Goodyear Extreme Rock Crawling Championship

Course Two Phoenix 2000 ARCA

Course One had the very short and often horsepower-craving obstacles, but Course Two was almost nothing but technical, tight crawling.

Photo by Joshua Lowenstein
Seems like Pat Gremillion always catches big air...
Joshua Lowenstein

Stage 1

Stage 1 was about 60-70 feet in length, winding up and around a rocky -- OK, boulder-strewn -- hillside, all through very narrow gates. Many drivers opted to start the stage in reverse, entering backwards to save the ten-point cost of hitting a gate and also leaving themselves better lined up to weave between the rocks. For some longer wheelbase competitors, this choice proved to be the difference between success and failure. The stage exited through a V-notch that nearly swallowed Pat Gremillion's Bronco. If drivers took the points for a reversal just above the notch, they could split the wedge and avoid a major rear tire air shot. Many rigs timed out before getting that far, simply from getting high-centered on the opening rocks. CLICK HERE for more pictures from Stage 1.

Photo by Joshua Lowenstein
High Country Wrangler "Ronny" prepares for the BANG drop-off.
Joshua Lowenstein

Stage 2

Stage 2 began directly at the exit of Stage 1. The starting-in-reverse technique was again a major factor for long wheelbase rigs here. Although almost every rig made it through Stage 2, scores varied due to reversals and stops. This stage followed the same rock formation as Stage 1, but on the opposite side of the wash. CLICK HERE for more pictures from Stage 2.

Photo by Joshua Lowenstein
RJ Brown and Pure Adrenaline get high-centered.
Joshua Lowenstein

Stage 3

Stage 3 had some added difficulty due to the 3 days of rain before this event. The rainwater had collected in holes that passed right in between the gates. Some rigs pointed out even before getting through the water holes because they slid sideways into the gates or simply ran out of time. To make it through the final rock ledge of Stage 3 clean required placing the right front tire very high on a rock with a straight drop-off edge on the other side. The result was always a good bang of sheet metal when the rocker slammed on the rock. CLICK HERE for more pictures from Stage 3.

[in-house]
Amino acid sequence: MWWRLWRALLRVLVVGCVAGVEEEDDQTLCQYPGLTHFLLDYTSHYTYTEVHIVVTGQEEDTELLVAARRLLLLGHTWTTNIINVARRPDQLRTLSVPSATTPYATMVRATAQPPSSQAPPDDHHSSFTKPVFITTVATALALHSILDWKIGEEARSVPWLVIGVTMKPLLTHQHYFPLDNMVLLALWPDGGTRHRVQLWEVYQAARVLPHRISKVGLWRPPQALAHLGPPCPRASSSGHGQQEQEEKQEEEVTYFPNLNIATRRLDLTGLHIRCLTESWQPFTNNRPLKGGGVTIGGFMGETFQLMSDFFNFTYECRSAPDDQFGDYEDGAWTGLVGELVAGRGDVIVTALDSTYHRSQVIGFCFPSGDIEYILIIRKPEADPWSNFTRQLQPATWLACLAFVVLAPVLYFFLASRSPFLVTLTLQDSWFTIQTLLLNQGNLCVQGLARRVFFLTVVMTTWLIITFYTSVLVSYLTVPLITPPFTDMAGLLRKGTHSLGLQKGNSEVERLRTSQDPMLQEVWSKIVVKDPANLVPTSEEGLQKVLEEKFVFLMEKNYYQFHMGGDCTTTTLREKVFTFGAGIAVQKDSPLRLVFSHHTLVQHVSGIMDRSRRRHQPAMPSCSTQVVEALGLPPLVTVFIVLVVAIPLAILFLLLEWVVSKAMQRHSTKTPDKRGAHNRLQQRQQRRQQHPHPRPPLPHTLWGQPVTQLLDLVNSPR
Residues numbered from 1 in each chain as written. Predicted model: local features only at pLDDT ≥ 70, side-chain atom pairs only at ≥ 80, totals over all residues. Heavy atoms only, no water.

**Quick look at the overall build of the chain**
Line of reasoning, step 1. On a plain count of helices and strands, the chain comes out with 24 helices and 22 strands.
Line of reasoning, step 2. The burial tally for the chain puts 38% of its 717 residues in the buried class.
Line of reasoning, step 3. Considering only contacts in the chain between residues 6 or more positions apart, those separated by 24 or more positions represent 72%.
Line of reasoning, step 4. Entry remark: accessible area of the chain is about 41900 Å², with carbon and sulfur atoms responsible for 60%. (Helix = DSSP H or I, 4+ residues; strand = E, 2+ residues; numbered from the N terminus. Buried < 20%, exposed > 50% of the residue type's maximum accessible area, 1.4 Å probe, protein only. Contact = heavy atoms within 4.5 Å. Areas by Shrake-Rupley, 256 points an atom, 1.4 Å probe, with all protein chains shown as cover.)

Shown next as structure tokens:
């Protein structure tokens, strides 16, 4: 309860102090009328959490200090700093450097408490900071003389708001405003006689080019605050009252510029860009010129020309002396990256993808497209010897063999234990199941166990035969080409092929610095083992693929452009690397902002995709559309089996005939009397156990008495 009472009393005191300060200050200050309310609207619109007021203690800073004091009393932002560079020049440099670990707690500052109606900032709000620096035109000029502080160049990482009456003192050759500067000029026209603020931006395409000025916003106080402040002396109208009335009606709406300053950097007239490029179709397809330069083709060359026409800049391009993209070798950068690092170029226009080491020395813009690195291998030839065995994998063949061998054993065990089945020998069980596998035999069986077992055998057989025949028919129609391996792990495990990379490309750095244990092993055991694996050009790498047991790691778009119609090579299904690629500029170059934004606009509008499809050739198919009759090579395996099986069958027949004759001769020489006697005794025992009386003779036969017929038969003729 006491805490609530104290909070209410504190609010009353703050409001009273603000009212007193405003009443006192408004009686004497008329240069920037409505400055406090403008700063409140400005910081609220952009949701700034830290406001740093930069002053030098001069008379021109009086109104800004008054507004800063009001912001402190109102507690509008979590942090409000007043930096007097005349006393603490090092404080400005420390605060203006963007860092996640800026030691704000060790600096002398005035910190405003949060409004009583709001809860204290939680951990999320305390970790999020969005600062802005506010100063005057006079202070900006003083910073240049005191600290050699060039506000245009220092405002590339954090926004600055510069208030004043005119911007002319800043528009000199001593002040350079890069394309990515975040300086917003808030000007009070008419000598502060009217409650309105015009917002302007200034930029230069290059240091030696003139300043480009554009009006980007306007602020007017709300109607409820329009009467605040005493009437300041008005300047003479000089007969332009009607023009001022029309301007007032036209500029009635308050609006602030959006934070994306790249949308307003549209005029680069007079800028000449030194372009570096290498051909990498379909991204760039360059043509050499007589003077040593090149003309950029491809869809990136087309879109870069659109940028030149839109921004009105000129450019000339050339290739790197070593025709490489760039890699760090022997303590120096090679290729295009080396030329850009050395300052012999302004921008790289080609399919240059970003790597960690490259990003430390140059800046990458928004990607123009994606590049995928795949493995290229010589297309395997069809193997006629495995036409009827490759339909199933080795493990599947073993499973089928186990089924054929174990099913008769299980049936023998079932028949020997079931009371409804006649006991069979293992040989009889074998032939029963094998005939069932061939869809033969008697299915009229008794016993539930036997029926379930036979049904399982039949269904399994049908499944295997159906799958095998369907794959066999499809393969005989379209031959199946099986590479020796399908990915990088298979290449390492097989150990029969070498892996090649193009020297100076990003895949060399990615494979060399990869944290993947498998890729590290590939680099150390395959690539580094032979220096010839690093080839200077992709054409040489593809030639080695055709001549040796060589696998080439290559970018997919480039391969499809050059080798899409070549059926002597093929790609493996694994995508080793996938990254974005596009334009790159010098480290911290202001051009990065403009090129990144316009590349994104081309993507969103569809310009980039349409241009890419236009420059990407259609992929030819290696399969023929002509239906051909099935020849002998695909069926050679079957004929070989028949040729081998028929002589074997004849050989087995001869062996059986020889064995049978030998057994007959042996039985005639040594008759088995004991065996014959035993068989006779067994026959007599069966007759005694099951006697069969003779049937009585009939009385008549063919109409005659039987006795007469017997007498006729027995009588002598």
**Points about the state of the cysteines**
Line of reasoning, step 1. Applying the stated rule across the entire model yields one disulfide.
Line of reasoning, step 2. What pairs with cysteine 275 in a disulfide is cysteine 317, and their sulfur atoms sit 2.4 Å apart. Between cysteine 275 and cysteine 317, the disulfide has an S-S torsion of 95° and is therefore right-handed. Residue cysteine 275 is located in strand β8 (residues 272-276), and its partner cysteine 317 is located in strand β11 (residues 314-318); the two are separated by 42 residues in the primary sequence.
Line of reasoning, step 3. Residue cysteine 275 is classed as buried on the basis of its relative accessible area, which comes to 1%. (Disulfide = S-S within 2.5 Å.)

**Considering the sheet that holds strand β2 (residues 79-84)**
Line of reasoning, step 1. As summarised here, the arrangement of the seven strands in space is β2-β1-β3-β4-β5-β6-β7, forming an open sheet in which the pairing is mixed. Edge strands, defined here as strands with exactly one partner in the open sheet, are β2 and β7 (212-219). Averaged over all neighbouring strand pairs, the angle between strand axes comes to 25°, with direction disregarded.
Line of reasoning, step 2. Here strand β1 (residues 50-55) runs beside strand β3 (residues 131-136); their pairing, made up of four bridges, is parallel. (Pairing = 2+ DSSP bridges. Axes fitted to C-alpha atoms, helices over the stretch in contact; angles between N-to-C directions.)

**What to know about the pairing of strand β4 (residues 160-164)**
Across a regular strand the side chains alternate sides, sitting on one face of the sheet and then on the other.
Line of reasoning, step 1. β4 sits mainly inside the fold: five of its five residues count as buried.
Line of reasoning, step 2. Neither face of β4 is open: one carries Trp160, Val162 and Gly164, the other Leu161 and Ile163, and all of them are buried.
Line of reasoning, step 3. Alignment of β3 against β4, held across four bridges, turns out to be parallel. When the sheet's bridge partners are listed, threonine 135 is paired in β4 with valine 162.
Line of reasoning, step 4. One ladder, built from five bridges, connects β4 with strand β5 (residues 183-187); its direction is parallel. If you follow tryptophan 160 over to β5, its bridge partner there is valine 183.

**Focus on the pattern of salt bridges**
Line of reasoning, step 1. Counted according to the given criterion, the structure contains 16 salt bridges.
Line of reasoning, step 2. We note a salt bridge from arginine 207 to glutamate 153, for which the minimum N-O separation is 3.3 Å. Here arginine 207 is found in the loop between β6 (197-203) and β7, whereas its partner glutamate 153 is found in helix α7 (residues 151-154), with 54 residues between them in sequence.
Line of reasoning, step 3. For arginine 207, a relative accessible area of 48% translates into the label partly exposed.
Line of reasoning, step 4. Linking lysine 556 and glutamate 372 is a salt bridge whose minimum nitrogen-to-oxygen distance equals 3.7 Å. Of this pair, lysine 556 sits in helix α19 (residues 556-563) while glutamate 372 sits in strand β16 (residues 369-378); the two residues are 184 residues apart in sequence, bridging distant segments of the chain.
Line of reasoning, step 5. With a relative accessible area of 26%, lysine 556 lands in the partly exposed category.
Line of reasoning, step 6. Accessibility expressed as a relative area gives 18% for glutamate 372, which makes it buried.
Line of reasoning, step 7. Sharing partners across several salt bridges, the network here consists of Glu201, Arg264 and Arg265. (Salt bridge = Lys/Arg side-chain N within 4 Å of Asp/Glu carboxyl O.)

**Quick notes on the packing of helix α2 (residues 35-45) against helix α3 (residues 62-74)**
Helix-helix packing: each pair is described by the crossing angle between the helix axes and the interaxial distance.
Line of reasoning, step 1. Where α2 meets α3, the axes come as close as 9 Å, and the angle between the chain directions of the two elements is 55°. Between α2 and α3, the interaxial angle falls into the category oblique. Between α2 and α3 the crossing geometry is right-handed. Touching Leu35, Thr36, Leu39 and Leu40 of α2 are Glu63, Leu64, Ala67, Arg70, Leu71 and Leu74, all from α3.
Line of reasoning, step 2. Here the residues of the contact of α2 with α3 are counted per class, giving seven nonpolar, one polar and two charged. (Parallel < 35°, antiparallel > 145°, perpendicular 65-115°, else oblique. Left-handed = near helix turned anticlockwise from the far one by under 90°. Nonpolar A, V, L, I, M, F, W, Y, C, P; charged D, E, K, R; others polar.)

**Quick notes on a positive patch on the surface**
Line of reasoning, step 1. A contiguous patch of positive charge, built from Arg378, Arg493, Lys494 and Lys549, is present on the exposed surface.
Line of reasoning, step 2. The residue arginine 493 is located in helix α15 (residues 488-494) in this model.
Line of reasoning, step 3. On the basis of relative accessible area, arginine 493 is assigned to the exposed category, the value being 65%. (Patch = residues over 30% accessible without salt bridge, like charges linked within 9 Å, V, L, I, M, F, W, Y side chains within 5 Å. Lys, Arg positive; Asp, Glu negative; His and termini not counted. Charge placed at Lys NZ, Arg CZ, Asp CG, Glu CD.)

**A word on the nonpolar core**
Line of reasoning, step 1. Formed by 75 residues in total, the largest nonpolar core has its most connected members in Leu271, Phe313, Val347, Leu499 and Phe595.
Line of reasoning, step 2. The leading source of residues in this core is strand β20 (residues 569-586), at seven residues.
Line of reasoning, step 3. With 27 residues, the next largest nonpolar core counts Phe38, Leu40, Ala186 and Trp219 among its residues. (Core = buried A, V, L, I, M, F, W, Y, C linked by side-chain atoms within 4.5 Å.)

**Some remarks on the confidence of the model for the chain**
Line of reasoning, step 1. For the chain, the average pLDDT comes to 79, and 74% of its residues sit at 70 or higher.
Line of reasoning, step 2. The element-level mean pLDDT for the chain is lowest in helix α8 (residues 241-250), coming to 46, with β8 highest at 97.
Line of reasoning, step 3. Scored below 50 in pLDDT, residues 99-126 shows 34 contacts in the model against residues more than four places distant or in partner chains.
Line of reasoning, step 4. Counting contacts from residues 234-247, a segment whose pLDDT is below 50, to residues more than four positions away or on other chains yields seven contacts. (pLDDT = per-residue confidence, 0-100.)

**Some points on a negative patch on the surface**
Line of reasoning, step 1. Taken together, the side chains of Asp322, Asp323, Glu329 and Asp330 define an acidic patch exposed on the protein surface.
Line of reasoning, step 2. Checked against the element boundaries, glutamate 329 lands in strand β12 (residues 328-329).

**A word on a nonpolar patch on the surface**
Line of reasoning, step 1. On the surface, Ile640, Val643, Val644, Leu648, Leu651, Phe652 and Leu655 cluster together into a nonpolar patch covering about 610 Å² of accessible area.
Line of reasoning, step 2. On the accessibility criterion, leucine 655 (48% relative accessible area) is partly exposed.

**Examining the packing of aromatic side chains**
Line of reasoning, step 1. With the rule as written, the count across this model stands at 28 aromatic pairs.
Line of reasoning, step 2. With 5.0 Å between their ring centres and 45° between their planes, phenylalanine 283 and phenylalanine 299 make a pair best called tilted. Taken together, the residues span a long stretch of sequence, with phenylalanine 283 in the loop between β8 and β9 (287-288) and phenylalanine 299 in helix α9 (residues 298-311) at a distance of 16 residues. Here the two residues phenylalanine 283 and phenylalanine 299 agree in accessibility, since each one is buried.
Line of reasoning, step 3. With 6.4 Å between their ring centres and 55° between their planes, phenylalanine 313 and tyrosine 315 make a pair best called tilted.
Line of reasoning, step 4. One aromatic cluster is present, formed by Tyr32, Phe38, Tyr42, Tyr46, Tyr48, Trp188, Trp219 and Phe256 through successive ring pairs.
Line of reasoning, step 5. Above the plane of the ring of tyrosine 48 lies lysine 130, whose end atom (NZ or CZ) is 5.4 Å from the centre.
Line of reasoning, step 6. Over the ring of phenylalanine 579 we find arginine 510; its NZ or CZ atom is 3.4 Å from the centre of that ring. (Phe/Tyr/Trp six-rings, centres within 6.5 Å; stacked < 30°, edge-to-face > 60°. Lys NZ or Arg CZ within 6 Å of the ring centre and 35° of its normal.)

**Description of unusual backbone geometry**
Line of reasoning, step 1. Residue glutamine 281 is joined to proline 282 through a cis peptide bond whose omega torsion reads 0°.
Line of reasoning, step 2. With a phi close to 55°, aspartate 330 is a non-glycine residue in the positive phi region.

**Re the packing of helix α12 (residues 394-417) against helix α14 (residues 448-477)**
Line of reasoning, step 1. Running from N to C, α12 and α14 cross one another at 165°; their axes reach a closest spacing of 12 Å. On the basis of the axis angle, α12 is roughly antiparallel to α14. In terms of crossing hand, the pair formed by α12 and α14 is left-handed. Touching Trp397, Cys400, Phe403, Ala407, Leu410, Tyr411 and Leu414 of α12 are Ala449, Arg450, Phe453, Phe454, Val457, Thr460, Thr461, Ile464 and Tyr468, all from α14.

Stage 4

Photo by Joshua Lowenstein
Randy Ellis tries hard to roll for his fans.
Joshua Lowenstein

Stage 4 was another winding technical series of gates that were placed to guarantee big air at the exit of the rocks. Drivers exiting Stage 4 had little choice but to throttle through that spot or face a slow layover roll to the driver's side. Randy Ellis' olive drab Suzuki gave a great show of how to drive with a tire WAY in the air but still pulled it out on all four.

Photos by Joshua Lowenstein
Joe Shaff gets a bit too much air!
Joshua Lowenstein

Joe Shaff was not as lucky. He tried to ease his Wrangler through the hole, only to have it flop onto its side. With two minutes remaining, he and his spotter, Steve Fotion, attempted to dead-lift the Jeep back onto its wheels. Brute strength failed, and time was down to 90 seconds, so the spotter quickly began to unwind winch line. With nearly 30 feet of line out, he remembered that the line needed to be wound through the cage, and quickly ran back to feed the cable through the top of the roll cage. Joe, the driver, could see that the cable had too much friction as it passed through the cage for Steve to pull out, so he began pulling line out of the winch to help.

Photo by Joshua Lowenstein
Joe Shaff and Steve Fotion try to get righted in a hurry.
Joshua Lowenstein

Now down to 55 seconds, the spotter ran for the biggest boulder he could find, only to fall face first onto the ground -- twice -- before getting the cable hooked to itself. The spotter yelled, "GO GO GO," but when Joe pulled the remote switch nothing happened. Joe yelled back "Auugh, it came unplugged!" Joe jammed the remote plug back into the connector and immediately began winching. Five seconds ticked helplessly as the winch took up slack... and the official yelled "30 seconds." As Joe's winch cable began tightening up, it started cutting a groove in the hood. With 20 seconds left, the jeep began to lift off the ground.

Joe started it and jammed into first gear, with the left front tire still six feet in the air. He drove it forward with only the winch line holding it up, but still pulling it over, leveling the jeep. With the tires all on the ground and 15 seconds remaining Steve started yelling, "SLACK SLACK," because Joe only had about 4 feet to get to the end gate and was now being held from getting through by the same winch cable that saved him. Joe quickly reversed the winch and passed the nose of his rig through the end gate with only eight seconds to spare. This effort won Joe and Steve the best team effort award. CLICK HERE for more pictures from Stage 4.

CLICK HERE for coverage of Stages 5-7.